Republicans Against Right-to-Work
Four Michigan Senators voted against worker freedom
For nearly two years, many doubted a right-to-work bill had enough support in the State Senate for passage. In December, the measure passed easily.
Republicans, led by Gov. Rick Snyder, resoundingly approved the bill, which became a reality after unions in Michigan tried to pass Proposal 2 in November. Four Republican State Senators, however, voted against giving workers the freedom to choose whether they want to pay union dues or fees as a condition of employment.
They were: Sen. Tory Rocca, R-Sterling Heights; Sen. Mike Green, R-Mayville; Sen. Mike Nofs, R-Battle Creek; and Sen. Tom Casperson, R-Escanaba.
Michigan becoming the nation's 24th right-to-work state made headlines across the nation and sparked union protests at the State Capitol.
Sens. Casperson and Nofs stood by their votes when contacted. Sens. Green and Rocca didn't respond to requests for comment.
Of the four, Sen. Nofs might have gone out on a limb the most by voting against the right-to work legislation. He represents the 19th Senate district, which covers Barry, Calhoun and Ionia counties. According to an Inside Michigan Politics analysis published in July 2011, the 19th District has a 55.6 Republican base.
"I think that, in general, working-class workers will not benefit from this," Sen. Nofs said. "When you go to apply for a job, you know it's a union job. If you don't like unions, don't apply for a union job. There are plenty of other non-union jobs."
Sen. Rocca represents the 10th Senate district, which is located in Macomb County, and is 52.6 percent Republican, according to Inside Michigan Politics.
Sen. Green represents the 31st Senate district, which includes Bay, Lapeer and Tuscola counties. According to the Inside Michigan Politics analysis, it has a 50.8 Republican base.
Of the GOP senators who voted against right-to-work, Sen. Casperson is the only one who contends in a Democrat-leaning district. He represents the 38th Senate district, which covers the Western and Central Upper Peninsula and according to the Inside Michigan Politics report, had a 53. 8 percent Democratic base.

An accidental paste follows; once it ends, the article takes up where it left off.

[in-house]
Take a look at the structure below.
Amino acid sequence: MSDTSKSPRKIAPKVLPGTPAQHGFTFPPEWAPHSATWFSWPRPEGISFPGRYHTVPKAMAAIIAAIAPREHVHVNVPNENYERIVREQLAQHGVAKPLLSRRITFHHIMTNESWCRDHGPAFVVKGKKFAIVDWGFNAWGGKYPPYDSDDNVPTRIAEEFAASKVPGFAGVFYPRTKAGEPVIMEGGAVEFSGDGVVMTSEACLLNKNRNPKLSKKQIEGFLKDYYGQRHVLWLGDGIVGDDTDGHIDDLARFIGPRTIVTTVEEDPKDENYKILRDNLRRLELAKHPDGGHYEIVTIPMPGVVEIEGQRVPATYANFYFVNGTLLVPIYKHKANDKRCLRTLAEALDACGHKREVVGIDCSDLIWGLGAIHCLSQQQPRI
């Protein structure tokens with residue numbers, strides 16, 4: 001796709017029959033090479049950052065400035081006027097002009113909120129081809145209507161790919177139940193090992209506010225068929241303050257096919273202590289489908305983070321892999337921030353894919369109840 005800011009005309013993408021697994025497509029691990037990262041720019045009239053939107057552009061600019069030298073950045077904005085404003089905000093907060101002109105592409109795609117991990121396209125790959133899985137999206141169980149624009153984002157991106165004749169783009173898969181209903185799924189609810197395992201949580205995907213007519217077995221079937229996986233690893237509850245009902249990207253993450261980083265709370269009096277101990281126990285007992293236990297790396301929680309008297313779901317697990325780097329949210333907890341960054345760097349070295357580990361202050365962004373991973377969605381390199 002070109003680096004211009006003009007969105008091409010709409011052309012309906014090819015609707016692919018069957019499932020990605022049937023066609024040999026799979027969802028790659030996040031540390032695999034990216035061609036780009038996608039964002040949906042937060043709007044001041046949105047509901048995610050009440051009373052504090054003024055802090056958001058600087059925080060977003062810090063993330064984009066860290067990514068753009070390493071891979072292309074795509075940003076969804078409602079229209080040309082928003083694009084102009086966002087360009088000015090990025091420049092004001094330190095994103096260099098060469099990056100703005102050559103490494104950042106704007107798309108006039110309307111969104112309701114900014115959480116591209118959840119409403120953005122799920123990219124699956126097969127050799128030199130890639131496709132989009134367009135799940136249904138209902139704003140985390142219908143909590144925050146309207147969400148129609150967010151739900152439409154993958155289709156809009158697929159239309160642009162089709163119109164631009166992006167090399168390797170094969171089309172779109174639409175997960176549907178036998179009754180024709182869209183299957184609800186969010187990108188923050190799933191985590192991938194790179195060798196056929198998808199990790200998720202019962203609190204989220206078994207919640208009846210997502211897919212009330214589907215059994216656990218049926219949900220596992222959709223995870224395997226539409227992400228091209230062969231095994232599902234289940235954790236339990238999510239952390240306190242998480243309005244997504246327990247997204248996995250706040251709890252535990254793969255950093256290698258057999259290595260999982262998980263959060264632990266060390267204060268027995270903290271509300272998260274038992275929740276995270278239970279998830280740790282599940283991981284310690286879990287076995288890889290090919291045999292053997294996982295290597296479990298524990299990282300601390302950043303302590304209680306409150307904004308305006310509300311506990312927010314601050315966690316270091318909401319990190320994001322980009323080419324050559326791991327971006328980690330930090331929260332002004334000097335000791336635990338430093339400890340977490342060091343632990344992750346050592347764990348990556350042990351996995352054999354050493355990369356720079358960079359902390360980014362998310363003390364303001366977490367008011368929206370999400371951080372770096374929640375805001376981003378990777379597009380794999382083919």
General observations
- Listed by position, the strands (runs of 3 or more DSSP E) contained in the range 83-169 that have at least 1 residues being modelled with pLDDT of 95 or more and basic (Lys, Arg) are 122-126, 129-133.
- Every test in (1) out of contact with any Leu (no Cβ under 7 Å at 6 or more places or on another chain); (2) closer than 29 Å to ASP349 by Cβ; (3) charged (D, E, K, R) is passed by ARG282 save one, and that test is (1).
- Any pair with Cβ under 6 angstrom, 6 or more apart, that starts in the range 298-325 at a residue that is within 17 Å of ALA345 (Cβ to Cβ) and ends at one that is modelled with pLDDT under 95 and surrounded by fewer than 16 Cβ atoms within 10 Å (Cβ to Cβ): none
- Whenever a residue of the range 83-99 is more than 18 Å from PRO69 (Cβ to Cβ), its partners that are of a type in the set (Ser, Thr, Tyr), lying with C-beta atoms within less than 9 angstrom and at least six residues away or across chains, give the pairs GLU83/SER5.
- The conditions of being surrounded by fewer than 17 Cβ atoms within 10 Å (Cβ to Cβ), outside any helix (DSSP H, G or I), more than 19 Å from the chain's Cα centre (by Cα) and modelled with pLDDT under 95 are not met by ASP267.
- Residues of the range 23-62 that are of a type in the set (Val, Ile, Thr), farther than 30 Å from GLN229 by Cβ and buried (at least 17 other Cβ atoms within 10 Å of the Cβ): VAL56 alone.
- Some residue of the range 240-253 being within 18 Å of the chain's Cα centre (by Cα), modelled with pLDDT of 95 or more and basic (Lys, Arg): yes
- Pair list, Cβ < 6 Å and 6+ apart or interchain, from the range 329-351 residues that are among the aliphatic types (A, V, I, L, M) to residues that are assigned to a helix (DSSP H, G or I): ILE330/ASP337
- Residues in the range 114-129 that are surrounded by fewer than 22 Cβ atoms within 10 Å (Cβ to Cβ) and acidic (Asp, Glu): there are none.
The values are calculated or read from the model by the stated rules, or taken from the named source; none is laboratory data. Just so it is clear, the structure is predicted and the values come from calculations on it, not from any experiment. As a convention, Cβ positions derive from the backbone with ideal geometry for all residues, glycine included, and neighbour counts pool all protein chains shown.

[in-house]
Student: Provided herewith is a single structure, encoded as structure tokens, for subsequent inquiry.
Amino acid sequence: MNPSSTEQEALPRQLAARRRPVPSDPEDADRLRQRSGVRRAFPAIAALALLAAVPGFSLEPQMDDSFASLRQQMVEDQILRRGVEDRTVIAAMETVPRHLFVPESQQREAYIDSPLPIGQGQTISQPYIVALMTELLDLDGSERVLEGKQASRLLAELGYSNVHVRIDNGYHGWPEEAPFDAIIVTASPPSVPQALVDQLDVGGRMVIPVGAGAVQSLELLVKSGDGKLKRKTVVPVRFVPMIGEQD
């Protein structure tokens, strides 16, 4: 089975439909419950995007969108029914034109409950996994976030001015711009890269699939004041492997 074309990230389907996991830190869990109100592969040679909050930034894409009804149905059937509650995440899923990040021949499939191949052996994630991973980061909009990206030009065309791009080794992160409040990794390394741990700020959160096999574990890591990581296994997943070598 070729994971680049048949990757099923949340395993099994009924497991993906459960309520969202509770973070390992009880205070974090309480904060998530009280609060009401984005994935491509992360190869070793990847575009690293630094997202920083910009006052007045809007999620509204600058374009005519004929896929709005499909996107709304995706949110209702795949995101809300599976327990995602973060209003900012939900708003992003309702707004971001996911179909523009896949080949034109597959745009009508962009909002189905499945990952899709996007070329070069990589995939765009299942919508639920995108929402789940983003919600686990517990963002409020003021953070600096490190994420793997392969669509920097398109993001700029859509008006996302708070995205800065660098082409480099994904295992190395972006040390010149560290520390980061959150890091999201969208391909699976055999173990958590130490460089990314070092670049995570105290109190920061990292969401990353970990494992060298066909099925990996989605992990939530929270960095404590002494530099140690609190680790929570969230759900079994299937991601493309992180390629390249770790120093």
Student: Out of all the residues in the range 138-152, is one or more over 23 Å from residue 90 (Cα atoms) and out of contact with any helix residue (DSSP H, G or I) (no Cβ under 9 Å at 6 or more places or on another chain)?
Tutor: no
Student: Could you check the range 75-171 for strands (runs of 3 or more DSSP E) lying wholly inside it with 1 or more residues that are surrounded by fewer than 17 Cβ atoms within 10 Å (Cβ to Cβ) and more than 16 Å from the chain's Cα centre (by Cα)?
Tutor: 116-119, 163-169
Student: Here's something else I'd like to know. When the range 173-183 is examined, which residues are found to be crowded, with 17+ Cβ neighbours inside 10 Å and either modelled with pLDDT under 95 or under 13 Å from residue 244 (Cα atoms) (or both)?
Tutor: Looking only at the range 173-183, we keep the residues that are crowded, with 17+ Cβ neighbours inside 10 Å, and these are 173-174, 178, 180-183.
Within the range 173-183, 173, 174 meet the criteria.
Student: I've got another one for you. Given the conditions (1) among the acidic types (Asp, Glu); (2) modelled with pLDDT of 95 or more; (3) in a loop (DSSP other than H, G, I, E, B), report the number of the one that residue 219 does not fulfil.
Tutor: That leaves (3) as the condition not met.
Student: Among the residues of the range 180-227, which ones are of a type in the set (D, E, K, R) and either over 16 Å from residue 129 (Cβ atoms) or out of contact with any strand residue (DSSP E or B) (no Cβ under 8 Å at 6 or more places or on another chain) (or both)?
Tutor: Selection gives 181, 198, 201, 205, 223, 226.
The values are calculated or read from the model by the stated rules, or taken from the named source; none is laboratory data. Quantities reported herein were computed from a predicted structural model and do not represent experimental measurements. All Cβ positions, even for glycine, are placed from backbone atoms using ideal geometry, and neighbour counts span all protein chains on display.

"My position on this issue has been consistent both as a candidate and after I was elected," Sen. Casperson said. "If people disagree with me on this, that's all right. Not everyone is going to agree with me on every vote.
"I was very active back when the tea party movement started. I went to rallies and I have always supported what it was all about," he said. "When it began, it was all about government becoming too big. It was about government overreach, unfair regulations and government intruding in our lives. But now it seems that some people want to make it be about being anti-union. Whether it's working to get rid of unreasonable DNR (Department of Natural Resources) regulations or on other issues, I'm willing to work with anyone. In my district I work well with the unions and, to me, that's doing my job. Some people may not like that, but I think that's the way it should be."
Michigan Capitol Confidential is the news source produced by the Mackinac Center for Public Policy. Michigan Capitol Confidential reports with a free-market news perspective.